Grass-fed beef has better flavor

Published 2:09 am Saturday, September 30, 2017

We didn’t make it to the annual Devon meeting this year—the first time in a long time. But at the time of the meeting I got the fall ‘Devon USA’ magazine.

One thing of interest was a reprint of a 1952 ‘Devon Cattle Quarterly.’ At this time we have the only Devon herd in Mississippi. I know of a couple in Louisiana and one in Alabama. But in 1950 there were Devon breeders prominently mentioned that lived in Wilkinson County as we do. Several more were mentioned in other towns in southern Mississippi and several in adjoining parishes in Louisiana.

Maybe someone remembers Sam H. Williams of Monroeville, Ala., or C.A. and James J. Cravey of Florala.

Devon almost disappeared in the United States as producers began more and more to ship to feed lots where Devon did not do well. I got in touch with Devon when searching endangered breeds.

Devon are a breed meant to be finished on grass. One article in the Devon magazine touted the health benefits of grass-fed dairy, especially milking Devon: lower amounts of the types of saturated fats that raise levels of LDL cholesterol, higher in omega-3 fatty acids, and lower in omega-6 fatty acids.

The grass-fed beef market is growing. Grass-fed beef has grown from a $5 million dollar a year industry ten years ago to a $75 million dollar industry today. I was in Baton Rouge at Whole Foods the other day and the butcher was recommending to a lady the grain finished beef as superior eating. He grudgingly admitted the health benefits of grass-finished but not the eating quality.

Not all grass-fed is finished equally and quality can vary. It’s best if you know your producer and he finishes the beef properly. That is hard to do. In Britain, Devon have long been known as the butcher’s breed. One writer called Devon as a “just look at a cake and put on weight type of girl.” It is the fat in the finished product that is not only healthy but gives the finished beef superior flavor.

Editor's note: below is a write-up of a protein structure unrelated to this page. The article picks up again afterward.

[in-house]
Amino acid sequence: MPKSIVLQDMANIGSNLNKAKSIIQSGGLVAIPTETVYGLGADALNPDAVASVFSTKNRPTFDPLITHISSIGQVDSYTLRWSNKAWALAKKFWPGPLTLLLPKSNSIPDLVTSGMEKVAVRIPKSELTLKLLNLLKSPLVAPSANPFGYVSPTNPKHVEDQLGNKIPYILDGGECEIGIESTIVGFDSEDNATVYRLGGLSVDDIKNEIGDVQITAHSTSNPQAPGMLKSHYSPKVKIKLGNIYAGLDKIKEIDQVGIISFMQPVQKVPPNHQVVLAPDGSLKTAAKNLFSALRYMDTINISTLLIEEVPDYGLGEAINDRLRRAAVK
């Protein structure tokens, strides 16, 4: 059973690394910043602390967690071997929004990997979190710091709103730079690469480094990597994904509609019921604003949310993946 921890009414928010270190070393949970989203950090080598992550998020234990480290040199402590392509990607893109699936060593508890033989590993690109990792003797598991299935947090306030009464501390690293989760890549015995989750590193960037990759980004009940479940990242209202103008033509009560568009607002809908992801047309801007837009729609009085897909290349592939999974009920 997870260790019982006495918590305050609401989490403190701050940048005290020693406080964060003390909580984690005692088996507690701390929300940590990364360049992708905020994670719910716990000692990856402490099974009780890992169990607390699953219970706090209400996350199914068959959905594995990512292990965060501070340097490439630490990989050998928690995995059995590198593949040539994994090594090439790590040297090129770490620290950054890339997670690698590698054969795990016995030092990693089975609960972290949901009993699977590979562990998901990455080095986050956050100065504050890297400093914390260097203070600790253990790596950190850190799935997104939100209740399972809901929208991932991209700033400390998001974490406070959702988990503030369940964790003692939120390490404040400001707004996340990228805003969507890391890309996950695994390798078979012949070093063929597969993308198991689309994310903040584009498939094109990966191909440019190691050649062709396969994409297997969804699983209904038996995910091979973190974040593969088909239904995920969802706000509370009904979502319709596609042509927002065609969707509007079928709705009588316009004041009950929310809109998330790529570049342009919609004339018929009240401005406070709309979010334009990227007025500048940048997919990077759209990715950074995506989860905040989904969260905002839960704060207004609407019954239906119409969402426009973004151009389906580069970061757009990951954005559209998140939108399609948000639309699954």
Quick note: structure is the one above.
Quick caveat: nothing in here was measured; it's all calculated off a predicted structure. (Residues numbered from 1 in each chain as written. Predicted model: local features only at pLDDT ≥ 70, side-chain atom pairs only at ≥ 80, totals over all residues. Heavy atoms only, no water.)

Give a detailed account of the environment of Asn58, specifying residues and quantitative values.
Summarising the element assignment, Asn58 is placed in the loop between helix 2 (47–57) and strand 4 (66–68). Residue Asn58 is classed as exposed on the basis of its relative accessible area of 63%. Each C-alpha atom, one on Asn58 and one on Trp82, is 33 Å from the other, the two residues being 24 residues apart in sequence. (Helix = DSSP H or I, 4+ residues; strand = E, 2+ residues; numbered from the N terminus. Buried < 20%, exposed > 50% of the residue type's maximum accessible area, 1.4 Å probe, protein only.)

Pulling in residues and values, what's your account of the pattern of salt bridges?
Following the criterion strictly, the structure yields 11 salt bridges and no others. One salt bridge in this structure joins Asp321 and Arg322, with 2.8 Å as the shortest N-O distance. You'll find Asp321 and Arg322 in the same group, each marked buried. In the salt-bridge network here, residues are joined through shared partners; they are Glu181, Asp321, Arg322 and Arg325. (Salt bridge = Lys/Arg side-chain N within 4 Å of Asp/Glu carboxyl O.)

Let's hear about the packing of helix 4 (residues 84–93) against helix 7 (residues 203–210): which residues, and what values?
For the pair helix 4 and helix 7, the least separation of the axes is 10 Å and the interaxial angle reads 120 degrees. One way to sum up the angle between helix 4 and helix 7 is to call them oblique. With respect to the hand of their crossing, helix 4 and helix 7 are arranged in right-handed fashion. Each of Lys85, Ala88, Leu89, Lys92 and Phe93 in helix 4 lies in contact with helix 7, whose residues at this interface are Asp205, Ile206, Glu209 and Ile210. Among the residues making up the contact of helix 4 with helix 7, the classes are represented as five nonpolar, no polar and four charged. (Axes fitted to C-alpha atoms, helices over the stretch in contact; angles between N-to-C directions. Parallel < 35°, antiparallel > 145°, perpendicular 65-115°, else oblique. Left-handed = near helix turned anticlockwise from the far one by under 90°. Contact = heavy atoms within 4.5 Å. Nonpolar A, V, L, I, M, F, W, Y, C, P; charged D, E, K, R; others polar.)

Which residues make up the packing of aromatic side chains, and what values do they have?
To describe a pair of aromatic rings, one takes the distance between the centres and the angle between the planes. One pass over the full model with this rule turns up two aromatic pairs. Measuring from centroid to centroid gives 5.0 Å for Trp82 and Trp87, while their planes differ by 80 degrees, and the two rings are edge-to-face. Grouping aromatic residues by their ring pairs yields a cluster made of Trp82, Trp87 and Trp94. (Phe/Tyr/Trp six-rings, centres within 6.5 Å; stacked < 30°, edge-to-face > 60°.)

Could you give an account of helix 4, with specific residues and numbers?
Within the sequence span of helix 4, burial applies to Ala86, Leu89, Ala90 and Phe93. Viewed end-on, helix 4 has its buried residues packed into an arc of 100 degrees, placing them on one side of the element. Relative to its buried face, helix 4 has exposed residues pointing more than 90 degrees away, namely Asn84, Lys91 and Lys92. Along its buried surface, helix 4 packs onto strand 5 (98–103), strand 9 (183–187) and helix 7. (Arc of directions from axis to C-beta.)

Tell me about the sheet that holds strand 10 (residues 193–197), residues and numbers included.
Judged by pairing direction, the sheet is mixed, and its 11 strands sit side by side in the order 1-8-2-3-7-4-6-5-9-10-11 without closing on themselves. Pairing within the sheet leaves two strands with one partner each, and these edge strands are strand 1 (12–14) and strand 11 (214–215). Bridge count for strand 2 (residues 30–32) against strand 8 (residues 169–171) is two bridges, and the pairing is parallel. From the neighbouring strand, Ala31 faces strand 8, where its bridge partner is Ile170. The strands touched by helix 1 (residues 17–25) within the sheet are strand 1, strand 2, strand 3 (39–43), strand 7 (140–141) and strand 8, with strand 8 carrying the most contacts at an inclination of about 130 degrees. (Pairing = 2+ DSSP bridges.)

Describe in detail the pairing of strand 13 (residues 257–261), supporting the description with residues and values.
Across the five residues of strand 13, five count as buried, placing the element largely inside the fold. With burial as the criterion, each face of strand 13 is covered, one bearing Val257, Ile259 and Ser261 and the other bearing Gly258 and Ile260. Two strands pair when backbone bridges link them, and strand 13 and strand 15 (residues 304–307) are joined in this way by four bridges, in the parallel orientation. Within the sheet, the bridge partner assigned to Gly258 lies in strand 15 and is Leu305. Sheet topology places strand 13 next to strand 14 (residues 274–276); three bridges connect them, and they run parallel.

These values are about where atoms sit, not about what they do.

While I was at Whole Foods I bought a grass-fed brisket and I usually do not cook a brisket. I know it to be tough and that it has to be cooked long. We know brisket is used for barbecue and there are so many recipes out there for barbecue. I just decided to do a simple beer brisket recipe and cook it slow. It was delicious and I can say I will cook brisket more often.

This brisket turns out so tender and juicy—no knife required.


Beer Brisket

Serves 6


1 (4 pound) beef brisket, trimmed of fat

Salt to taste

1 large onion, sliced

1 (12 fluid ounce) can beer

1 tablespoon brown sugar

1 cube beef bouillon

2 tablespoons coarsely ground black pepper

2 teaspoons minced garlic

1 bay leaf

¼ teaspoon dried thyme

2 tablespoons cornstarch

2 tablespoons water


Preheat the oven to 350 degrees F.

Season the beef brisket with salt, and place in a baking dish. Cove the entire roast with onion slices. In a medium bowl, mix together the beer, brown sugar, beef bouillon, pepper, garlic, bay leaf, and thyme. Pour over the roast. Cover with aluminum foil.

Bake for 4 hours in the preheated oven. The brisket should be fork tender. Mix together the cornstarch and water; stir into the juices in the baking dish to thicken. Remove the bay leaf. Slice and serve the meat.